Implications for western managers: “Face” is a concept of central importance because of its universal influence in interpersonal relations for Chinese and Indians. “Loss of face” makes it impossible for the individual to function properly within the business or social community of which they are a part; colleagues or partners will no longer have confidence in the persons or companies concerned.

Mindset Change: “Saving face” and protecting one’s “honor” are guidelines affecting all successful professional and personal interactions in China and India. The key is to “save” the other person’s “face” and “honor” at least as much as one’s own, if not more.

While these values may have their counterpart in Western societies, the significance of the differences is important, and there need to be fully understood when working closely with Indians and Chinese. Value differences influence the way we behave, think, manage, and work with others from different cultural backgrounds.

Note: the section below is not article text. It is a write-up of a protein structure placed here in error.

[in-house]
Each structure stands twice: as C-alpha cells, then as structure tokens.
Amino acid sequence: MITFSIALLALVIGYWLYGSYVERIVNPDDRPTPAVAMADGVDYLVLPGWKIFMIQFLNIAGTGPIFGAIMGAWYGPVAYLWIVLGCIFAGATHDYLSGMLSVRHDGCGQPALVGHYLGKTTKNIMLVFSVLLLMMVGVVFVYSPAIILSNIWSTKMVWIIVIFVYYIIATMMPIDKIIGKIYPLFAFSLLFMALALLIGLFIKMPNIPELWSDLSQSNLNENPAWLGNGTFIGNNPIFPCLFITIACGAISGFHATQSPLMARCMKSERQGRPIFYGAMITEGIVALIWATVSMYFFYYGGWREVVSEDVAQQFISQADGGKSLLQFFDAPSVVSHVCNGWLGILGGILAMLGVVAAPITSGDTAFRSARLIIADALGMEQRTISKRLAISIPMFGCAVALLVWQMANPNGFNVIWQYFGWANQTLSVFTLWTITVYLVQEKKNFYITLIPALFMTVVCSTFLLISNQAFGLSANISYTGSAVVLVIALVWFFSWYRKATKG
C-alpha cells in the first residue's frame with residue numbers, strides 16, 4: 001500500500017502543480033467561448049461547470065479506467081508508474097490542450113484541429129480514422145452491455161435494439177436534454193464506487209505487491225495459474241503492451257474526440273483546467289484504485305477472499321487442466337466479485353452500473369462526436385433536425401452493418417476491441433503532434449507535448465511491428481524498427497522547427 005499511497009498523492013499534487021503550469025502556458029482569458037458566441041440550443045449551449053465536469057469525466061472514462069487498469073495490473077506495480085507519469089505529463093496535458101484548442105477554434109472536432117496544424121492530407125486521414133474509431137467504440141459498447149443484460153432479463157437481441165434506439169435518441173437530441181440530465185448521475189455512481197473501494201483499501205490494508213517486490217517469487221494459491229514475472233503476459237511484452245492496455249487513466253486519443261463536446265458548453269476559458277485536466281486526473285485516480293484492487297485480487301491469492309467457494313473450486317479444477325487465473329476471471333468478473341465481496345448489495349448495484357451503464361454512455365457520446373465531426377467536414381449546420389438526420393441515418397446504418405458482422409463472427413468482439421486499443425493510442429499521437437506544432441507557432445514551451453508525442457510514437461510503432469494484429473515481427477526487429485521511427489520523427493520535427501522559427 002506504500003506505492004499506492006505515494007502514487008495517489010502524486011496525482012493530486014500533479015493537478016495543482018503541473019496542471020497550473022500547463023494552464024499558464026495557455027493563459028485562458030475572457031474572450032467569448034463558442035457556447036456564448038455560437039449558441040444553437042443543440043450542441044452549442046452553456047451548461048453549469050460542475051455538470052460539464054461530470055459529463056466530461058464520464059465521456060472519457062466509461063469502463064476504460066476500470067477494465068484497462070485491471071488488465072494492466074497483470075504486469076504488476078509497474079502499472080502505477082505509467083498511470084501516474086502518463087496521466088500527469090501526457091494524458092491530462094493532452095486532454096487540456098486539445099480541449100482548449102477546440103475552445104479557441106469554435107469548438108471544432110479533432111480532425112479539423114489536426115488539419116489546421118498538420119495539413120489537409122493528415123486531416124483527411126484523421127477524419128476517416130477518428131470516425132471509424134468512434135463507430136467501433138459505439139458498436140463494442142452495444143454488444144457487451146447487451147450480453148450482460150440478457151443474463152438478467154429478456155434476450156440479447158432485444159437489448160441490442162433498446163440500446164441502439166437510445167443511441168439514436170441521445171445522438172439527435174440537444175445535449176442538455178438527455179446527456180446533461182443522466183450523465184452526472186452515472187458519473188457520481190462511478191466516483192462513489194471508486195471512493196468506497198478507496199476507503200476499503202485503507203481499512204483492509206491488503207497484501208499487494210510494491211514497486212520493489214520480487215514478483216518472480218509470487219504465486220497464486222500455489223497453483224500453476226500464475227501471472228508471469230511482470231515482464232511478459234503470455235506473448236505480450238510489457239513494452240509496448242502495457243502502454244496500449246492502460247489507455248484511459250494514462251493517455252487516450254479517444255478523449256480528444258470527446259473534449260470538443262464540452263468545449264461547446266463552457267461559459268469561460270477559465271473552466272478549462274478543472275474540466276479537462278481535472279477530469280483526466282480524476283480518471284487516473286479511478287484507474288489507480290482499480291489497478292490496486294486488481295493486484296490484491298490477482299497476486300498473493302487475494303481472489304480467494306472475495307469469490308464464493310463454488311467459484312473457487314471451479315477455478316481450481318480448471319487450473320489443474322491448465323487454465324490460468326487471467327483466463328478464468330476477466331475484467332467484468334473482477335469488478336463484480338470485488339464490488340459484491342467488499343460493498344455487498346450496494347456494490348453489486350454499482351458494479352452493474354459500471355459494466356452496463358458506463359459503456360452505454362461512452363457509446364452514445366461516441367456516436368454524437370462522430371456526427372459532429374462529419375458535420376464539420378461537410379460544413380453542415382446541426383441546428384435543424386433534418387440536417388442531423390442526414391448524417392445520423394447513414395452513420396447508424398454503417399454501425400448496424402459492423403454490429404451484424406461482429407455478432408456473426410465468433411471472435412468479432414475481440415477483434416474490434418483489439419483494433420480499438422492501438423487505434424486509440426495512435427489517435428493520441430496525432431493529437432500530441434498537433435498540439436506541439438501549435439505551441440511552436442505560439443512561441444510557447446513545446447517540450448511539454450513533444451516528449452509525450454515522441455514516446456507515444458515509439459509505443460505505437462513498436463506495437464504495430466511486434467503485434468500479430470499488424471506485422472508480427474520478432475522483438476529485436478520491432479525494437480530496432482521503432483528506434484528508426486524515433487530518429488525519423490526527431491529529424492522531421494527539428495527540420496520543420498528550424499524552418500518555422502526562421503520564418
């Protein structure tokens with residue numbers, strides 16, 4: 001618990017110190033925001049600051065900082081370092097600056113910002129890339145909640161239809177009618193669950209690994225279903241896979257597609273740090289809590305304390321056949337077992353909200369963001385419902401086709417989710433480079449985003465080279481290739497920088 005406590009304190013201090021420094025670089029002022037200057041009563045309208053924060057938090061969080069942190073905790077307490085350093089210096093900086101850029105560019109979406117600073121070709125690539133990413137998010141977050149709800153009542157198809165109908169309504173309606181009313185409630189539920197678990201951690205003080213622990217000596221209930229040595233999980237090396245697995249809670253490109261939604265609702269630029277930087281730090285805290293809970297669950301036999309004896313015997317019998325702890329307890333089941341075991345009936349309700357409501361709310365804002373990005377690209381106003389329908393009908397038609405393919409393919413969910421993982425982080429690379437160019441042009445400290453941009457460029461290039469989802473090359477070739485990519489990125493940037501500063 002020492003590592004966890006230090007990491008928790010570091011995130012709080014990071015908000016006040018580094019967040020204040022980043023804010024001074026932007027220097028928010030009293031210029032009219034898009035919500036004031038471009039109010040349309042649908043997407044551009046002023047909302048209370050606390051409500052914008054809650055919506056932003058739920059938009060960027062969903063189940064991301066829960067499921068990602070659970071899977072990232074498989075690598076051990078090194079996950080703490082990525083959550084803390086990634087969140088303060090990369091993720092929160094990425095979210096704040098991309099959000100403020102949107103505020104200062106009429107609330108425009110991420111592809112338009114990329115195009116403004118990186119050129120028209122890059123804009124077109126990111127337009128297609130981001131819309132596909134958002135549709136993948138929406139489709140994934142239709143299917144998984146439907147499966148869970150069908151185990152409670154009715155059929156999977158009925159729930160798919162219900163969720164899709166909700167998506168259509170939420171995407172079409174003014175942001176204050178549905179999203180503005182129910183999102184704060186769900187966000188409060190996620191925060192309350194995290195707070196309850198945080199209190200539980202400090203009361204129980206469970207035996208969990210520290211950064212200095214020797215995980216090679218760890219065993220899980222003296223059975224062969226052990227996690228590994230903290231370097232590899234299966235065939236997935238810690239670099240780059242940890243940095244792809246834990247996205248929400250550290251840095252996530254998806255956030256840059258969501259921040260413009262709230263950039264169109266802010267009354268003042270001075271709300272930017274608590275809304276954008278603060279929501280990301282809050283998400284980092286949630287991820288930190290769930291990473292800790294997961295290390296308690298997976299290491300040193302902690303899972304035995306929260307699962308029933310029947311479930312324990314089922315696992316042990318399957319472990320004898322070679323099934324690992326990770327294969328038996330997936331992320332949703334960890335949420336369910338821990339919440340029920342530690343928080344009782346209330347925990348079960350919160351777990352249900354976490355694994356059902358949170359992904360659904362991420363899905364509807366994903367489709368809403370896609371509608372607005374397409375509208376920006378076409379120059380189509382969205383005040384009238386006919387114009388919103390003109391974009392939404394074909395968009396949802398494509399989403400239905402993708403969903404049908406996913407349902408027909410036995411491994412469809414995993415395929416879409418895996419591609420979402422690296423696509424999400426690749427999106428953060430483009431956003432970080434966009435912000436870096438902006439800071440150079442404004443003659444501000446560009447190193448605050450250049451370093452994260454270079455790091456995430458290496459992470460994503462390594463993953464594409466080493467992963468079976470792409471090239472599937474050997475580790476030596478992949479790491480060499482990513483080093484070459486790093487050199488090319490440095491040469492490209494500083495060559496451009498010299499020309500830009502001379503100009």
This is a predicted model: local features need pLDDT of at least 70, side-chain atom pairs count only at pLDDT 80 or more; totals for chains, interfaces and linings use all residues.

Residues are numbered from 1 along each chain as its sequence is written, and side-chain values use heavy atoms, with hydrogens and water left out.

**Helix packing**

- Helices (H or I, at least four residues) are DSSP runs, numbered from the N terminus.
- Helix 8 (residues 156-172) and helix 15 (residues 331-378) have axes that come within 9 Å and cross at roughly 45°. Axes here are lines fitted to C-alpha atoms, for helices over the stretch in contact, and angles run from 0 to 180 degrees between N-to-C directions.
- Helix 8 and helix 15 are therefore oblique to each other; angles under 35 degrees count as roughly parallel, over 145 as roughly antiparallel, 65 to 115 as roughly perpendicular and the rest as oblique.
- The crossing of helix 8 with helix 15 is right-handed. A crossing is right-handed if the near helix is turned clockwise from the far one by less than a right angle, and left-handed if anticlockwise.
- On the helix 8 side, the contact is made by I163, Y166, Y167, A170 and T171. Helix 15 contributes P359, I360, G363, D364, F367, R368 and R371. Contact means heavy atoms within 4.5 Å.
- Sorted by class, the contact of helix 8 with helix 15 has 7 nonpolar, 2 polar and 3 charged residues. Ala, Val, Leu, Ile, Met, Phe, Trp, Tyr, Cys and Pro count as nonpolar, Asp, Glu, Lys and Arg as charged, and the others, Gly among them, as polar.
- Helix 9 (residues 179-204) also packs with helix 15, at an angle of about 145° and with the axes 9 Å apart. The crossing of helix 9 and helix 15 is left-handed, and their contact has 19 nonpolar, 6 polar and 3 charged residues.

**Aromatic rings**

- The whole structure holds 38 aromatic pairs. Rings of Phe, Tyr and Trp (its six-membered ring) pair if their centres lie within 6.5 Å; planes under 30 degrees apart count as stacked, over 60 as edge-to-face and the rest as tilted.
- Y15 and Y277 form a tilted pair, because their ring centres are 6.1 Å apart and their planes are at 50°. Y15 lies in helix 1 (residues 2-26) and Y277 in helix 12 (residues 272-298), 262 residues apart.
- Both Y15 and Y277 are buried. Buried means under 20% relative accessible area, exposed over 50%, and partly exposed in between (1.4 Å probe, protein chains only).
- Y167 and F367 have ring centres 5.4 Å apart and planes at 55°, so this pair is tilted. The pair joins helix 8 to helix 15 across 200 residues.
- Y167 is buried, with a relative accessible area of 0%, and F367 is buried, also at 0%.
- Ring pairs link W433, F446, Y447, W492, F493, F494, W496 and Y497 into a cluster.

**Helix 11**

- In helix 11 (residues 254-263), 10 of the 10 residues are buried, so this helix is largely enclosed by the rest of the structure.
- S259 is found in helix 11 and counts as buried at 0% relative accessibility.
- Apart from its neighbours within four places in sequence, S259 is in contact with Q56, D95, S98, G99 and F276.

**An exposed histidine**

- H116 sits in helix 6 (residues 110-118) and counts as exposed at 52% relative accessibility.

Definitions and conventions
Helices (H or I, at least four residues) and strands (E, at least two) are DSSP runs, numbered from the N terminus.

Management Practice Differences

Understanding value differences leads to a better appreciation for the nuance and influence of culture on business interaction. Taking our exploration a step further, consider the impact that culture exerts on managerial practice. This can be illustrated by comparing a representative list of six managerial competencies selected from more than 20 commonly recognized managerial competencies (Table 1).